Majority of Hongkongers think Carrie Lam will do better job than predecessor, poll finds
University survey finds most were not happy with the election process, especially younger respondents
The majority of Hong Kong residents believe chief executive-elect Carrie Lam Cheng Yuet-ngor will do a better job than her unpopular predecessor, Leung Chun-ying, a university opinion poll has found.
University of Hong Kong’s public opinion programme, which interviewed 1,002 local residents last week, found 55 per cent of respondents thought Lam would do a better job. Twenty-four per cent thought her performance would be “more or less the same”, while 11 per cent thought she would do worse than Leung.
Lam’s popularity rating stood at 55.6 points on a scale of 0-100, according to the poll – 4.1 points higher than Leung five years ago.
Among the respondents, 42.6 per cent supported Lam as chief executive, while 50.4 per cent opposed her. This gave her a net approval rate of minus 7.8 percentage points.
The majority of respondents aged between 18 and 49 opposed Lam as chief executive, with the ratio of opponents reaching 79 per cent among those aged 18 to 29. For those aged 50 or above, 54 per cent backed Lam as chief executive.
In March 2012, before he became chief executive, Leung’s net approval rate was minus 13 percentage points.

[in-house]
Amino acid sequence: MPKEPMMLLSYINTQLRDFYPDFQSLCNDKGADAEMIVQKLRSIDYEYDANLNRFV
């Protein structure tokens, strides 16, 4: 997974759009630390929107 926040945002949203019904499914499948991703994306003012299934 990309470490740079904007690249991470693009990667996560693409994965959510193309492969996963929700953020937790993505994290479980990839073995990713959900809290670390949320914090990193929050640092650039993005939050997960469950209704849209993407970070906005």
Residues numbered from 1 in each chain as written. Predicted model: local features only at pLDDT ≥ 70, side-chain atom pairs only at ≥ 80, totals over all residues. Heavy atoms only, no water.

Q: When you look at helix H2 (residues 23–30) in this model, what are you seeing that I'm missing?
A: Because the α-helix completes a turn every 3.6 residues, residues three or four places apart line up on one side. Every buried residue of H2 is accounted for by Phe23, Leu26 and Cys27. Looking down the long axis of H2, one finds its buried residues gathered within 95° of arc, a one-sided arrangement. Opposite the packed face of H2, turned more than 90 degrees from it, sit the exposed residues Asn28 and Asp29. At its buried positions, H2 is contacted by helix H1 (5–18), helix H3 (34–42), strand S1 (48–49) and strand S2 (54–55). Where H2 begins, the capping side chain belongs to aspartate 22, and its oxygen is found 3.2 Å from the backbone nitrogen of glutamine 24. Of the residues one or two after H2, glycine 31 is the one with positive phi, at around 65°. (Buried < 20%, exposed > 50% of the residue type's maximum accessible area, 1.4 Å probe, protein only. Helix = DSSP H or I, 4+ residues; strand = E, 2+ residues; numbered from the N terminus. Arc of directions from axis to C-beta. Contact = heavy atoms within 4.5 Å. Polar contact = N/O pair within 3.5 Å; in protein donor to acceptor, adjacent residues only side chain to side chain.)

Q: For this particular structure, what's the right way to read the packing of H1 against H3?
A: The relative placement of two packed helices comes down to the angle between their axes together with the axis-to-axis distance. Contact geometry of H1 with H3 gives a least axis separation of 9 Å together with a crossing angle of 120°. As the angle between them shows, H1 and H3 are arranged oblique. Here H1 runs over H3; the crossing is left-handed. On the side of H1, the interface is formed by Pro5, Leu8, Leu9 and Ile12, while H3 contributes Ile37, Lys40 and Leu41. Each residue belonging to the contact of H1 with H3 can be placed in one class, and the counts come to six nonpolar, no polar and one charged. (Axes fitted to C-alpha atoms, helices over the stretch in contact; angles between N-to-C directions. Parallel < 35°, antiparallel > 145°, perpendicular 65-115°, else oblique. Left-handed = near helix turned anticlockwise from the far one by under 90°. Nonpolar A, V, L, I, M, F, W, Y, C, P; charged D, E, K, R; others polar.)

Shortly before the chief executive election on March 26, the Chinese-language Ming Pao Daily newspaper commissioned HKU to conduct a poll on Lam and her two rivals, John Tsang Chun-wah and Woo Kwok-hing. At the time, Lam’s net approval rate was minus 7.5 percentage points.
Asked who they would choose if they could vote, 53 per cent of respondents told HKU last month they supported Tsang, 32 per cent backed Lam, while 10 per cent favoured Woo.
In the latest poll, which was not commissioned by any organisation, respondents were asked their views on the chief executive election process. A total of 36 per cent were satisfied, 50 per cent were not and 10 per cent opted for “half-half”.
Among those aged between 16 and 29, 76 per cent were dissatisfied with the election.
Five years ago, 59 per cent of respondents told HKU pollsters they were dissatisfied with the election process.
The leadership race has been repeatedly criticised for not being representative of Hongkongers’ views, as only the 1,194-member Election Committee is allowed to vote. Most of the committee members are regarded as being Beijing-friendly.
Shortly before Lam resigned as the city’s chief secretary in January, her popularity rating fell to an all-time low of 51.1 points, according to HKU pollsters.
In a televised debate on March 14, Tsang mocked Lam for her negative approval ratings. Lam argued that different surveys had produced varying results and said the popularity ratings of many politicians dropped after he or she won an election or took office.